Air toxics monitoring data show a steady decline in pollution levels over the past two decades in California.33 Nevertheless, ambient concentrations for some toxics such as formaldehyde and acetaldehyde have been constant over the years, and we selected known carcinogens that continue to be of concern for human health. Incidence rates for Wilms' tumor in the United States have been fairly constant for the past four decades.34 Similarly, in California, annual incidence rates for kidney and renal pelvis cancer among children of ages 1 to 4 years did not change much during this study period.35 Exposures in our study were based on about 20 years of routine measurements of ambient air toxic concentrations at monitoring sites located throughout California. Therefore, these measures reflect both spatial and temporal variations in air toxics concentrations. We relied on population-based cases and controls from registries and routine monitoring only, thus minimizing both selection and recall bias.
Many toxics we examined are products of automobile combustion. Nevertheless, some including benzene, formaldehyde, and perchloroethylene have multiple sources of emissions (eg, motor vehicles, oil refineries, dry cleaning, and degreasing) or are by-products of atmospheric reactions (eg, formaldehyde and acetaldehyde). Thus, both emission sources and their stability in the atmosphere determine their spatial, daily, and seasonal variation. In addition, seasonal variations in ambient concentrations allowed us to consider period-specific effects during pregnancy. For example, formaldehyde concentrations peak in California during the winter and dip to their lowest levels during summer (except for in the South Coast Air Basin, where peaks occur during both winter and summer). This seasonal difference is reflected by negative correlations between the first and the third trimester concentrations for some of the air toxics. There are also some strong spatial gradients in our data, with the highest concentrations of formaldehyde measured in the South Coast Air Basin and the lowest in the San Francisco Bay Area. Benzo[a]pyrene, on the other hand, has the highest concentrations in Sacramento and the lowest in the south central coastal area. The point estimates we report here are for the entire state and thus, the positive associations we observed may reflect the outcomes driven by either populous regions or regions with very high or low concentrations of toxics. At the same time, we may have failed to find weak or moderate associations because of our limited case number.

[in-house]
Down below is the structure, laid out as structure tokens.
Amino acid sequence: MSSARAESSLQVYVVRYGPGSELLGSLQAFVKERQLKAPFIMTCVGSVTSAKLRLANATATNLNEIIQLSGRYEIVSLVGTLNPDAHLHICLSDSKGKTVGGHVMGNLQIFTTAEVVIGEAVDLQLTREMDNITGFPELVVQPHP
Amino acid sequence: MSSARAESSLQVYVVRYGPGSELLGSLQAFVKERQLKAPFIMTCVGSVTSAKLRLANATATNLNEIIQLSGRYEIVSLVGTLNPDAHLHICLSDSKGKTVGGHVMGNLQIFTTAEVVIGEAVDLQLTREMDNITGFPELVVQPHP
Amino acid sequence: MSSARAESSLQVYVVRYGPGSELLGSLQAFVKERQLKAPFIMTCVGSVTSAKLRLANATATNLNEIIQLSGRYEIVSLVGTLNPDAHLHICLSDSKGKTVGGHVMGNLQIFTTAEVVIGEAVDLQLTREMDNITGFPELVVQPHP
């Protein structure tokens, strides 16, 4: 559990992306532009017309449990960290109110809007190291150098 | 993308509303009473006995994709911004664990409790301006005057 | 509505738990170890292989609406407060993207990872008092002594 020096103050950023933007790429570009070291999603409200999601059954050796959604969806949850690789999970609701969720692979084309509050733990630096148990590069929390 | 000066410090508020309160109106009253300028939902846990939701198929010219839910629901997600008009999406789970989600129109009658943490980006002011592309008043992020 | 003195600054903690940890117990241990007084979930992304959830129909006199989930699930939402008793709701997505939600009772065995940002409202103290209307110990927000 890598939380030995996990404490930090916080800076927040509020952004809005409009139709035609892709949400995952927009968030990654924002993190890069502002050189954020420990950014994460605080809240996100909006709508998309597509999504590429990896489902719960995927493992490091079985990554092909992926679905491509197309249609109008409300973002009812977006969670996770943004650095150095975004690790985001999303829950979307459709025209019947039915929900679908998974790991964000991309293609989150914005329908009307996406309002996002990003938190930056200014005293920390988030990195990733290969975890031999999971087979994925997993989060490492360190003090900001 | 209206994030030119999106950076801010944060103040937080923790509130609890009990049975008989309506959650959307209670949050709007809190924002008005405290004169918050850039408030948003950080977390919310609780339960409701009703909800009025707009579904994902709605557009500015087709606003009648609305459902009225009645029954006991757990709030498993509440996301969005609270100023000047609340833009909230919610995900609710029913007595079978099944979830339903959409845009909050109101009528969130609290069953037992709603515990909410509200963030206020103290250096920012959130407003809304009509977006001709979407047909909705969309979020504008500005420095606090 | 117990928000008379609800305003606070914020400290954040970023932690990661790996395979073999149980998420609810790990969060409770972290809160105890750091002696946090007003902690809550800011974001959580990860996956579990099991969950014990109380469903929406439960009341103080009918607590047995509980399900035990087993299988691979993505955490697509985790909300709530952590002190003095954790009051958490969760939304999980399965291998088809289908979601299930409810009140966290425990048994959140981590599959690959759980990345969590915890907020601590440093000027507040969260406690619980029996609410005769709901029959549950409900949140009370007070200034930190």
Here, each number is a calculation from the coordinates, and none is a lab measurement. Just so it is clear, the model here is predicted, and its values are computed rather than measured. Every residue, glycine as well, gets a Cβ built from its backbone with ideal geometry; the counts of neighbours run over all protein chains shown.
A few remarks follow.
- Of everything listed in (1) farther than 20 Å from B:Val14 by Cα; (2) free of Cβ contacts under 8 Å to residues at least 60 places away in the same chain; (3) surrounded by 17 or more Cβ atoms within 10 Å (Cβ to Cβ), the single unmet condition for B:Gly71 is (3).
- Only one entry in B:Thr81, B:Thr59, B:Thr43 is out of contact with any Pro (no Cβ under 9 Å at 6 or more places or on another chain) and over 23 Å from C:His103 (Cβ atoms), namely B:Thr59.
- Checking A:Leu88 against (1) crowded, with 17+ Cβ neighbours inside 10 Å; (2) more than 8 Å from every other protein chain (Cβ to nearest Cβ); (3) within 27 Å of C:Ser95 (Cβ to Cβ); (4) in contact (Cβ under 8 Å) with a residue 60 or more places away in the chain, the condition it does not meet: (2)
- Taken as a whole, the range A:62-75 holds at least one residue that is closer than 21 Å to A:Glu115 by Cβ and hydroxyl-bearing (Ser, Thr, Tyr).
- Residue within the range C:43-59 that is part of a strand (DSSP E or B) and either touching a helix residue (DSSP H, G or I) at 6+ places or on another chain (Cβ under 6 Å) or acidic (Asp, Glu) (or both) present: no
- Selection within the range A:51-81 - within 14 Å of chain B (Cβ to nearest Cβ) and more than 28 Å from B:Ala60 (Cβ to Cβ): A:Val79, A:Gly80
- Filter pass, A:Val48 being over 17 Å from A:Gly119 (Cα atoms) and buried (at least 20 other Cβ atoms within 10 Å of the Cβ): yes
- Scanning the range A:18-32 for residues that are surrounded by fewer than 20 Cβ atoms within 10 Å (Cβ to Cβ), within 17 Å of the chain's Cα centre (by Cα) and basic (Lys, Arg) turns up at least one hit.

If our findings are verified elsewhere, they may inform clean air policies designed to protect pregnant women and their fetuses. In California, air pollution standards and routine air monitoring are in place to minimize and control emission levels from vehicles and industrial sources, as well as to encourage use of more fuel-efficient vehicles.33 A steady decline in the levels of several of these ambient toxics over the past two decades could be attributed to these standards. Further reductions may be achieved by increasing access to public transportation and by continual efforts of the California state agencies especially the CARB to revise air toxics standards according to new scientific data on health effects.